HOW DOES THE NATIVE SPECIES COPE WHEN AN INVASIVE EATS ITS FOOD?
The global populations of many shorebirds, for whom coastal ecosystems are critical wintering habitats and foraging areas, are on the decline. The quality of food available in the coastal habitats in the non-breeding season affects shorebird survival, migration and breeding success.
Exploring the largely neglected effect that non-native invasive marine invertebrates can have on wintering shorebirds, Veronica Estelle and Edwin Grosholz conducted controlled experiments at Bodega Harbour, central California.
They sequentially placed European green crabs and dunlin (a shorebird) in field enclosures to see what effect the crabs had on the diet of the bird. On measuring the gut content of both the crabs and the birds, and studying the feeding behaviour of the birds, they found that green crabs were associated with a reduction of predation by dunlin on polychaetes and an increase in their predation on clams.
The abundance of clams in Bodega Harbour has declined by 90% since green crabs were introduced in 1994, resulting in an increase in the proportion of juveniles. These increasingly smaller and less energy-rich clams present an unknown energetic cost for dunlin. Green crabs not only selectively consume larger clams, they may render the smaller ones more accessible to dunlin through physically turning and loosening the near-surface sediments.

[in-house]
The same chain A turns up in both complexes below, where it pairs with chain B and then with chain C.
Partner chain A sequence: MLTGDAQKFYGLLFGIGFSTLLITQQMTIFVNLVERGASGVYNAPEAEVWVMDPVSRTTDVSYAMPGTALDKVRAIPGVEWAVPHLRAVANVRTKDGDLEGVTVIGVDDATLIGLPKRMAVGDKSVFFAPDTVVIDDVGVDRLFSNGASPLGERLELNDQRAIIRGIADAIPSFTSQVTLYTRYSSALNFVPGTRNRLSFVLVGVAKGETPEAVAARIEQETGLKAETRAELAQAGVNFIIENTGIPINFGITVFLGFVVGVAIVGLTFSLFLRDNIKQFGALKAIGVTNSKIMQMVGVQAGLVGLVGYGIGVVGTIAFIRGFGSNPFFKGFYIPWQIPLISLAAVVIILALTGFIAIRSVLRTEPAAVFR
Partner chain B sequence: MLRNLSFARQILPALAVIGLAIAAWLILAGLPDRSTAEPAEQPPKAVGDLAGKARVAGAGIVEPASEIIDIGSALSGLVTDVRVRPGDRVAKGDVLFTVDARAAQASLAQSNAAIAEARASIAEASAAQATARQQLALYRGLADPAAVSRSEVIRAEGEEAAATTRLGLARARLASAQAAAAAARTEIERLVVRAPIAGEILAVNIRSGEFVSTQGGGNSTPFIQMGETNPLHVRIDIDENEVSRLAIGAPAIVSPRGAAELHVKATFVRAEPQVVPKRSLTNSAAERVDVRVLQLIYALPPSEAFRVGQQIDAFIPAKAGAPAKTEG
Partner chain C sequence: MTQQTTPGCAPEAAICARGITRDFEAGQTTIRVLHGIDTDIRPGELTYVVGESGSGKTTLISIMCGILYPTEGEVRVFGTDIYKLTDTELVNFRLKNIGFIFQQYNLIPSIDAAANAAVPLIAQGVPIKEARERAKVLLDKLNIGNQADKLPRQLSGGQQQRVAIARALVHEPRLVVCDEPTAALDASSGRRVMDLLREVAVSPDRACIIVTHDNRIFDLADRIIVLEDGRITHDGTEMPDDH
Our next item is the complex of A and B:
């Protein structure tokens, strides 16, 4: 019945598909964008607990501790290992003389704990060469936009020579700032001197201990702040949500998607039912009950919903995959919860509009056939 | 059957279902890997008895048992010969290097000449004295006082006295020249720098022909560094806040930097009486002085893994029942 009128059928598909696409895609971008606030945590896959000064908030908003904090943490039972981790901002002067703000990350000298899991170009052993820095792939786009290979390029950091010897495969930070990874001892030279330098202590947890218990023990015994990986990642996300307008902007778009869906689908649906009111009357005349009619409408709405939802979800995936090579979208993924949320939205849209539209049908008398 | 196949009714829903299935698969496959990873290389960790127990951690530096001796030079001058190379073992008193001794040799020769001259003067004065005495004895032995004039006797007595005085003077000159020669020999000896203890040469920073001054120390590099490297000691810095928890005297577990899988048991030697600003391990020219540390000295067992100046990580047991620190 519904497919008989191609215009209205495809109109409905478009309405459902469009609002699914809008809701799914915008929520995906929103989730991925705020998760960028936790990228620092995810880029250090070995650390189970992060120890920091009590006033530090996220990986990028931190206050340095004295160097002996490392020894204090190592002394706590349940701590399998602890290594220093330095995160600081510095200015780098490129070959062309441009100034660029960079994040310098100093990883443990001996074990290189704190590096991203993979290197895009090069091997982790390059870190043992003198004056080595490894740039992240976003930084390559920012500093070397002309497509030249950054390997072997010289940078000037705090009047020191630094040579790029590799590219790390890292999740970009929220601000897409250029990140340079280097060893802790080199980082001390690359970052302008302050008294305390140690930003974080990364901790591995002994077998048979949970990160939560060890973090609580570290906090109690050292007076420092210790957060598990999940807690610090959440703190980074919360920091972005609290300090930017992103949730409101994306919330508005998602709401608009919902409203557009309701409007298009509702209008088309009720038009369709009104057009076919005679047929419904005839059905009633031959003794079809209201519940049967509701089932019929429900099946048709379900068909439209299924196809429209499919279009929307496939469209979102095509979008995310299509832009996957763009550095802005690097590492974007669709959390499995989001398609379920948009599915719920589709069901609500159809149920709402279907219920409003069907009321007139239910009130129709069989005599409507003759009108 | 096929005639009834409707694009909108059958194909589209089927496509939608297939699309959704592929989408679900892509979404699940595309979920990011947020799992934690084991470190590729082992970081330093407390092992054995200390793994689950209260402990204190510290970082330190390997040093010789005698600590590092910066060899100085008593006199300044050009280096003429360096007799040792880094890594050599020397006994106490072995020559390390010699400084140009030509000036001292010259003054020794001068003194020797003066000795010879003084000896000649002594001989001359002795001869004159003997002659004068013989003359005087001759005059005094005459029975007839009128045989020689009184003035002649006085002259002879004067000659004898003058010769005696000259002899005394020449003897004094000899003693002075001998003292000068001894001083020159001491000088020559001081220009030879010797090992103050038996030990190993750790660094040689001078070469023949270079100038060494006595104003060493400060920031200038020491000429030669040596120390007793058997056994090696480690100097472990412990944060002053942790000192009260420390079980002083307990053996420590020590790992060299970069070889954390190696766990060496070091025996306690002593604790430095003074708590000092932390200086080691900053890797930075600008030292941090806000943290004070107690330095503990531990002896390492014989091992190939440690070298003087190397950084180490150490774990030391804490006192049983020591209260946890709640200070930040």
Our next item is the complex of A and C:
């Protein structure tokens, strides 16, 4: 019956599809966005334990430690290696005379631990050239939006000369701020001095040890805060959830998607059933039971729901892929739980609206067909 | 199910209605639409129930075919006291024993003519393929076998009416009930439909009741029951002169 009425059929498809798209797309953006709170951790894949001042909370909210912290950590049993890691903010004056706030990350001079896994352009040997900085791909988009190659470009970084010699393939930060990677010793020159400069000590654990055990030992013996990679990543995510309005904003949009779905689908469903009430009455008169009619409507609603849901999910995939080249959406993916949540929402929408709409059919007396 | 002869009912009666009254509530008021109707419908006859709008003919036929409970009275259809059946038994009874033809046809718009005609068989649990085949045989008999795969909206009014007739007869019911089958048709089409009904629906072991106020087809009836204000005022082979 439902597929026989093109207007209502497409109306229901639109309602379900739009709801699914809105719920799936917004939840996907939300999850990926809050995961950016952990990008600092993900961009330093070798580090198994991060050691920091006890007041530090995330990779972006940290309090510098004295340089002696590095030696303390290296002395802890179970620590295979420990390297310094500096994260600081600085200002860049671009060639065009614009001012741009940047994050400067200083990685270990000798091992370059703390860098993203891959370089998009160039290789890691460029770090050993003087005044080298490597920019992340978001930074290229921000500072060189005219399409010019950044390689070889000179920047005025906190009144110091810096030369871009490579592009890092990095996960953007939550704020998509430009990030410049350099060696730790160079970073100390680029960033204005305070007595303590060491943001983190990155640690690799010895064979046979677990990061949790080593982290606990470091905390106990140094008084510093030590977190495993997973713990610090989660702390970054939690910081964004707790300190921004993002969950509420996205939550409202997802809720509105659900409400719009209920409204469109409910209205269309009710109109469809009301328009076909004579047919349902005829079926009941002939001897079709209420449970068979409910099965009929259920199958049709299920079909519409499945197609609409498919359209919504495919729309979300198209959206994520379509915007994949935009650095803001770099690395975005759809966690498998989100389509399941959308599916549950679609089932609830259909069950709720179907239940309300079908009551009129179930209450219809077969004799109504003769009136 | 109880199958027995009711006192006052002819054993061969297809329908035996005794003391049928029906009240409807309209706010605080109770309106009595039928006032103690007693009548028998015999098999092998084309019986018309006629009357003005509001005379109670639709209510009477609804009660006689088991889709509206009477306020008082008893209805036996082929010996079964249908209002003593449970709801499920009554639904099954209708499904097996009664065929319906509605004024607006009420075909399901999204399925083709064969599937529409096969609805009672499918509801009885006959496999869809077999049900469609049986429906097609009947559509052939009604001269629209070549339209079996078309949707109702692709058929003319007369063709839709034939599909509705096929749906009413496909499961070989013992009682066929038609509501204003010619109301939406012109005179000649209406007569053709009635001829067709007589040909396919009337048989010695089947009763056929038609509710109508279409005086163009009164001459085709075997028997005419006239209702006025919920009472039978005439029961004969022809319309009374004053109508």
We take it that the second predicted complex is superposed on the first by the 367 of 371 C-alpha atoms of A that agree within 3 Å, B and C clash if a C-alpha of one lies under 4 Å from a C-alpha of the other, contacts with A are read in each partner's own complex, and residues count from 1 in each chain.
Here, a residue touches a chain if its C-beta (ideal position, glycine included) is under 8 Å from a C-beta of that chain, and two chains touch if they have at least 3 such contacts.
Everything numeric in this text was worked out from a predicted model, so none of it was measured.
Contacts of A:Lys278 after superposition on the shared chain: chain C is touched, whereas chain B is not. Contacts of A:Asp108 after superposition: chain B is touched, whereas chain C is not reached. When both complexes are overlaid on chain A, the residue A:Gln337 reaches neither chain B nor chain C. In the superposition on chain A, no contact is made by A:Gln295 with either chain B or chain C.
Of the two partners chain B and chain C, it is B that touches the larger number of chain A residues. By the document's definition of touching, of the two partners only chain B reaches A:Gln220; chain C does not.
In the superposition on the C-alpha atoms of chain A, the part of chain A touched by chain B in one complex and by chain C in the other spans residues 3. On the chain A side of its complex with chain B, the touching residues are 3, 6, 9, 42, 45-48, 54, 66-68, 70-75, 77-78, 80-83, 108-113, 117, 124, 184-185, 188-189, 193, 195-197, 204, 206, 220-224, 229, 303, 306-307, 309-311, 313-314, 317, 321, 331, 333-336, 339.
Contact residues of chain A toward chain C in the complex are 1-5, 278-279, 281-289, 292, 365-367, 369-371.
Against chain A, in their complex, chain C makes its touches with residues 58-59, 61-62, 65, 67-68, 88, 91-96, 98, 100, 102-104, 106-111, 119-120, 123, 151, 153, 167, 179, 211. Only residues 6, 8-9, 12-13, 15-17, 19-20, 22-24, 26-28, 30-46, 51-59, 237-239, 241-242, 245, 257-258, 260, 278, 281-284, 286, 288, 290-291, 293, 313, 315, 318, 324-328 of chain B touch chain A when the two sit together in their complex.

These changes in prey availability affect fitness of individuals and consequently population dynamics. Authors therefore suggest that effects of introduced marine species be considered when planning shorebird conservation measures.
Estelle V. and E D Grosholz. 2012. experimental test of the effects of a nonnative invasive species on a wintering shorebird. Conservation Biology, 26: 472–481. doi: 10.1111/j.1523- 1739.2011.01820.x
Sartaj Ghuman is a PhD student at the National Institute of Advanced Studies, India. firstname.lastname@example.org
Photographs: Changua Coast Conservation Action